“Environmental Land” – March 6 – 28, 2020

Due to the COVID-19 Pandemic, we are open by appointment only.  Please call 519.857.4505 or email michael@gibsongallery.com to make an appointment to see the exhibition.

 

Our March exhibition explores diverse representations of the environment, land and nature.  Not all of the artists are characterized as “landscape artists”, though they each have taken aspects of their surrounding environment as the inspiration for their individual works.   From Gordon Rayner’s homage to Tom Thomson to Margot Ariss’s poetic rendering in clay to Dorothy Knowles’ classic prairie landscape, each of the works included in the show capture the essence of each landscape.

“Environmental Land” includes distinct landscape-inspired artworks by nine gallery artists.  Montreal painter Michael Smith is best known for his bold, gestural, abstracted landscapes.  Influenced by his admiration of British painters Turner and Constable and the immediacy of Quebec abstraction, Smith’s “Rooth #7” is an immersive, atmospheric viewing experience.

We have paired Smith’s energetic landscape with Dorothy Knowles classic and still 1965 Prairie landscape.  A rare painting from the mid-1960s, “The Green Fields Series: Blue Distance” represents the development of her signature style.  In 1962 both Knowles and her husband William Perehudoff met Clement Greenberg at the Emma Lake Workshop.  Greenberg influenced Knowles to paint monumental canvases that represented the landscape literally, but still nodded to abstraction.  At this time, Knowles started to use thin oil washes, similar to a watercolour painting.  This painting represents the broad Prairie landscape that Knowles is known for in an elegant and understated way.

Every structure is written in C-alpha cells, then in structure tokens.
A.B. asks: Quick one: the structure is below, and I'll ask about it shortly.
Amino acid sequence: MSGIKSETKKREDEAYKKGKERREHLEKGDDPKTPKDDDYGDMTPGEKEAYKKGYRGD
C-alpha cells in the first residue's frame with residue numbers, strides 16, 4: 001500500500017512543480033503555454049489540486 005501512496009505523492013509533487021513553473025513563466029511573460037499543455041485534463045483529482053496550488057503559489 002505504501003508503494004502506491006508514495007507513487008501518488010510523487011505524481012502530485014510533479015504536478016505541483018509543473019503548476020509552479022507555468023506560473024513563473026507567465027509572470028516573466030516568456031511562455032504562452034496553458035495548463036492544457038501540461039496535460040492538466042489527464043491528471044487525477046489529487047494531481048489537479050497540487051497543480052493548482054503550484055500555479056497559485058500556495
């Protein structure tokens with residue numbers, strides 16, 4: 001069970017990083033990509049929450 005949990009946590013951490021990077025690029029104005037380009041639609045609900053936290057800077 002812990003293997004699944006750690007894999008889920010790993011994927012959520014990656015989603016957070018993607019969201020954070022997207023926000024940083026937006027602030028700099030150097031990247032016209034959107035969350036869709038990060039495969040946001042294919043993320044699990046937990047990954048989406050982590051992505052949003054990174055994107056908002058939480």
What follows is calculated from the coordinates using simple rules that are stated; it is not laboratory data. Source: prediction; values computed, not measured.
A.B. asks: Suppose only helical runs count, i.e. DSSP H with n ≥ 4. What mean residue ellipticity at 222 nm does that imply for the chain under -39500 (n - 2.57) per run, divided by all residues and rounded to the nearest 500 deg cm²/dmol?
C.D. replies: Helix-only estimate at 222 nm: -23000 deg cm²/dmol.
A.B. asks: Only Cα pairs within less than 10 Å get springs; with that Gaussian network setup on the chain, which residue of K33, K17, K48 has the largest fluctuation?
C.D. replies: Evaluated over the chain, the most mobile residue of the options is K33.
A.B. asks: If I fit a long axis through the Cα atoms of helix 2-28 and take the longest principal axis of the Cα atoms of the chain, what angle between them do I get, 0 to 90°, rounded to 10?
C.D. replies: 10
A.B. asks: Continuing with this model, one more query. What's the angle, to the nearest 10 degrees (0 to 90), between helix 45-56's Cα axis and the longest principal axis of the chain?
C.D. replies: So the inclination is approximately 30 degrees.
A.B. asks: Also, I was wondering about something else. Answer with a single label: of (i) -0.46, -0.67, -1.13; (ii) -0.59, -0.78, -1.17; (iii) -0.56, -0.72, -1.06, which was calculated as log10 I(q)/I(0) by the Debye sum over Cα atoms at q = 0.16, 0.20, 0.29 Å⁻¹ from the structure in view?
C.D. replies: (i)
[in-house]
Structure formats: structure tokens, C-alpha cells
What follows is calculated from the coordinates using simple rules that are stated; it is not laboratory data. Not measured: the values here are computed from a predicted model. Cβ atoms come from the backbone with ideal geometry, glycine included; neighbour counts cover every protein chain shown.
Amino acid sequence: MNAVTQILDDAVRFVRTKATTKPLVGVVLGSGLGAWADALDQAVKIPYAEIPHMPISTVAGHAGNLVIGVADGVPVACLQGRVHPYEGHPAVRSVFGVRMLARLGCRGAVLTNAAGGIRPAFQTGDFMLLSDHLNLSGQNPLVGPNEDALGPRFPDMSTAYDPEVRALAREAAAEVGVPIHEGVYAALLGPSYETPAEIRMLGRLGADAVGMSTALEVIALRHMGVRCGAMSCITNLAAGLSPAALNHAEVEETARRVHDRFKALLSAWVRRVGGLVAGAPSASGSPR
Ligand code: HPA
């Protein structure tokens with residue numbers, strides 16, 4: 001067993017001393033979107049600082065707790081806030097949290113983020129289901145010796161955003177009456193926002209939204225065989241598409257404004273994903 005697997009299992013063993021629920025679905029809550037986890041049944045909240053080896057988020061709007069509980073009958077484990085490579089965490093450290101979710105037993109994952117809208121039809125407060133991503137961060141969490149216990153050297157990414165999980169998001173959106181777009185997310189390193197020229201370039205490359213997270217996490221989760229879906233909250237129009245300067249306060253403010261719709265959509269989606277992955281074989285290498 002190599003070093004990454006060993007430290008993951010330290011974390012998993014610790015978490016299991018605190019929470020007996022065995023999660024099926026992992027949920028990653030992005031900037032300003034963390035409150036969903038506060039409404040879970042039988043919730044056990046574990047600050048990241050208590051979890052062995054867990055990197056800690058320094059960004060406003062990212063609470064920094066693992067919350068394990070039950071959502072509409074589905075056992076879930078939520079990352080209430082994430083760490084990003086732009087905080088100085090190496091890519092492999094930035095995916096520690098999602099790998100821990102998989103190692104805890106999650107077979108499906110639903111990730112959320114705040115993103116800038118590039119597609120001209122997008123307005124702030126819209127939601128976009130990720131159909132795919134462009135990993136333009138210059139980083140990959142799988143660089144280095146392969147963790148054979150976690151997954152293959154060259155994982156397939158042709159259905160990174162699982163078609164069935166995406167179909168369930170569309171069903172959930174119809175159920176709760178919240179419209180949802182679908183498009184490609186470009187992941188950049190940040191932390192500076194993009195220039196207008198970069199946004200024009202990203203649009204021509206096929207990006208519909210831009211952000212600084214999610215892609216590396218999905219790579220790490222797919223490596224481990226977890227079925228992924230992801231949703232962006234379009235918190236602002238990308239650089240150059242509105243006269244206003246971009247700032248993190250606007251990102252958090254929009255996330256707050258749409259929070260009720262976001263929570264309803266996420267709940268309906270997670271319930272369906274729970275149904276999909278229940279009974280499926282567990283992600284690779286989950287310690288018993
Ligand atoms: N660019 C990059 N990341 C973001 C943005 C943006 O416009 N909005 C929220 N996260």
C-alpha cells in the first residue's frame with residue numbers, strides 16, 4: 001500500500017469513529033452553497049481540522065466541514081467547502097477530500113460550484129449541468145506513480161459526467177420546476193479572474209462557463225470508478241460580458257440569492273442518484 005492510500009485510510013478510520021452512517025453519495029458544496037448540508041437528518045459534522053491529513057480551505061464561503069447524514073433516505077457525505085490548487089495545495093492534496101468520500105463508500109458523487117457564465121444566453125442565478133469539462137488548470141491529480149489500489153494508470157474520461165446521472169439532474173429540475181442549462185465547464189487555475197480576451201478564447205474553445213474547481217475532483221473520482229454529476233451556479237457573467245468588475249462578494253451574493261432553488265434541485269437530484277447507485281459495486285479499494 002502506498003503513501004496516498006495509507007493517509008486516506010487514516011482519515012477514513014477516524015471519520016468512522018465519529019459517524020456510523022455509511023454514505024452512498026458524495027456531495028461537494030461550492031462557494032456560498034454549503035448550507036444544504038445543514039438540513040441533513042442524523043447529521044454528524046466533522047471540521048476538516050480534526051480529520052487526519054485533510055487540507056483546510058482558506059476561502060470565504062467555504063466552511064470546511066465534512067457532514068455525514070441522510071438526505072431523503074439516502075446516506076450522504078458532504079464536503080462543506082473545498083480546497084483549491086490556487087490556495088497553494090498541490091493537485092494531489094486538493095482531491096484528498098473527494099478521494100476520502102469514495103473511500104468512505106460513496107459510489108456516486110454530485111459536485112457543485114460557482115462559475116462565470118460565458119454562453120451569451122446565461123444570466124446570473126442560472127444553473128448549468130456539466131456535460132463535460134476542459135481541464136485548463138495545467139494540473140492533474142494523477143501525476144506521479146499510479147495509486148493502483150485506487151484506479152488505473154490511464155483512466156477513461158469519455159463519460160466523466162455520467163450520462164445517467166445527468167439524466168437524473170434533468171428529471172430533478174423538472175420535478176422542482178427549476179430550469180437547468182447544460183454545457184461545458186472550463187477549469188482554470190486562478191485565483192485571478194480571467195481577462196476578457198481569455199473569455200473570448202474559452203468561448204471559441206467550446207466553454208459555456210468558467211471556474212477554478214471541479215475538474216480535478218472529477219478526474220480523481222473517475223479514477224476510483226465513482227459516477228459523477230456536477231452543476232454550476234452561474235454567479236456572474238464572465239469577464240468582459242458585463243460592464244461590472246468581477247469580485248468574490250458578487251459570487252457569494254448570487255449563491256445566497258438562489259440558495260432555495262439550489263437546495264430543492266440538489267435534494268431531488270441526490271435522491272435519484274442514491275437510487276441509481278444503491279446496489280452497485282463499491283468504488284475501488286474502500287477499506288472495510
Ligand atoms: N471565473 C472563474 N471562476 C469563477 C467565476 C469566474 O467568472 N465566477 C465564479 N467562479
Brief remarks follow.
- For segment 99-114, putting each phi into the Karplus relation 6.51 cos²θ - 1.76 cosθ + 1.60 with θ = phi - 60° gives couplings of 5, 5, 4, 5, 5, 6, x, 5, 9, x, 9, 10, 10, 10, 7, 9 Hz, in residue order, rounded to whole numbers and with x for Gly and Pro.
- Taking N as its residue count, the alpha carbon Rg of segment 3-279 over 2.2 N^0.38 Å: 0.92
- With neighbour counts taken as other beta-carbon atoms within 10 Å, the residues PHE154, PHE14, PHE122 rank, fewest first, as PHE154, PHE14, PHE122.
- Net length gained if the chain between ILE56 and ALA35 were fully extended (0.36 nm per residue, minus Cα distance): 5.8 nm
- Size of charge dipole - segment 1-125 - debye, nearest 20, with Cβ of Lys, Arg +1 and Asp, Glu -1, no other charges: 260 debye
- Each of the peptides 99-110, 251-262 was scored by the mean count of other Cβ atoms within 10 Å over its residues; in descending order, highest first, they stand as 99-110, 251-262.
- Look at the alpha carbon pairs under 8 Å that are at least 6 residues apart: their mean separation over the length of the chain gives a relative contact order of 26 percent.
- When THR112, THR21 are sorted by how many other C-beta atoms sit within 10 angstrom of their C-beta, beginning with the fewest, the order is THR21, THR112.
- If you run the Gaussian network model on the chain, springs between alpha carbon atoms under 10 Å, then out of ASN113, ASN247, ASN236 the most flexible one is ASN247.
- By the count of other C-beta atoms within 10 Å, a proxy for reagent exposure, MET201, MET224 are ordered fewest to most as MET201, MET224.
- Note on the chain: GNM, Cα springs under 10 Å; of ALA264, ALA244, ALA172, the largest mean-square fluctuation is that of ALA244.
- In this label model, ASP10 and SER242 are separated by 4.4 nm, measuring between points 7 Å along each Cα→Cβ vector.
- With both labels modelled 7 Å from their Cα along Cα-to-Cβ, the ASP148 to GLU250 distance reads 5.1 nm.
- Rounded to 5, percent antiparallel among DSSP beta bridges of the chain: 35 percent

Book-ending both the Smith and Knowles paintings are Margot Ariss’s clay-formed 1978 wall sculpture and Ed Zelenak’s recent sculpture that pays homage to the night sky.  Ed Zelenak is best known for his sculptures that combine a subtle spirituality with a keen awareness of the natural world.   In “Part Sun, Part Moon #2”, Zelenak combines tin, copper with clear acrylic, displaying an intimate connection to his materials.  Margot Ariss is also strongly connected to her material, in this instance, clay.  Her hand-rolled clay forms hint at clouds, mountains or waves illustrating the tightly packed poem below.

Will Gorlitz‘s inviting corner painting engages the viewer in a different way.  Gorlitz has stated that he has chosen the theme of landscape as an exploration and assessment of variables and possibilities in painting.  It is not about a specific place or representation, rather, a “portal for a perceptual encounter that encourages each individual viewer to personally engage in the visual experience as a critical mode of reflection”.

The two photographs by collaborative photographers Eyes as Big as Plates use Nordic landscapes as a stage to set their characters within.  Each image presents a solitary figure in a landscape, dressed in elements from surroundings that indicate neither time nor place.  Nature acts as both content and context and the characters literally inhabit the landscape wearing sculptures made in collaboration with the two photographers.

Also, nodding to folklore is Gordon Rayners painting that pays homage to the myth of the death of Tom Thomson.  Perhaps Canada’s most revered landscape artist, Thomson tragically died in Canoe Lake.  In 1989, Rayner painted a series of paintings that explored the various possibilities of Thomson’s death.  Our “Evidence 1: Concerning a Drowning on Canoe Lake” shows off Rayner’s passion towards the subject and his gentle reminder that nature prevails.

Both Etienne Zack and Erik Olson have used their surrounding environments as the subjects of their two paintings.  Erik Olsons “On The Road” painting was inspired by a three-month-long motorcycle ride that the artist took in 2018.   The painting represents the literal expression of being “on the road” with the hot sun blaring down, whirling trees on either side and the endless horizon line.  Etienne Zack‘s “Middle Man” was made during a time when Zack would walk around East Vancouver, come back to the studio, and from memory, recall and paint specific scenes from his walks.  The paintings explored socio-political ideas that related to the transformation of the city and people living there and document vaguely familiar urban settings, and abandoned spaces.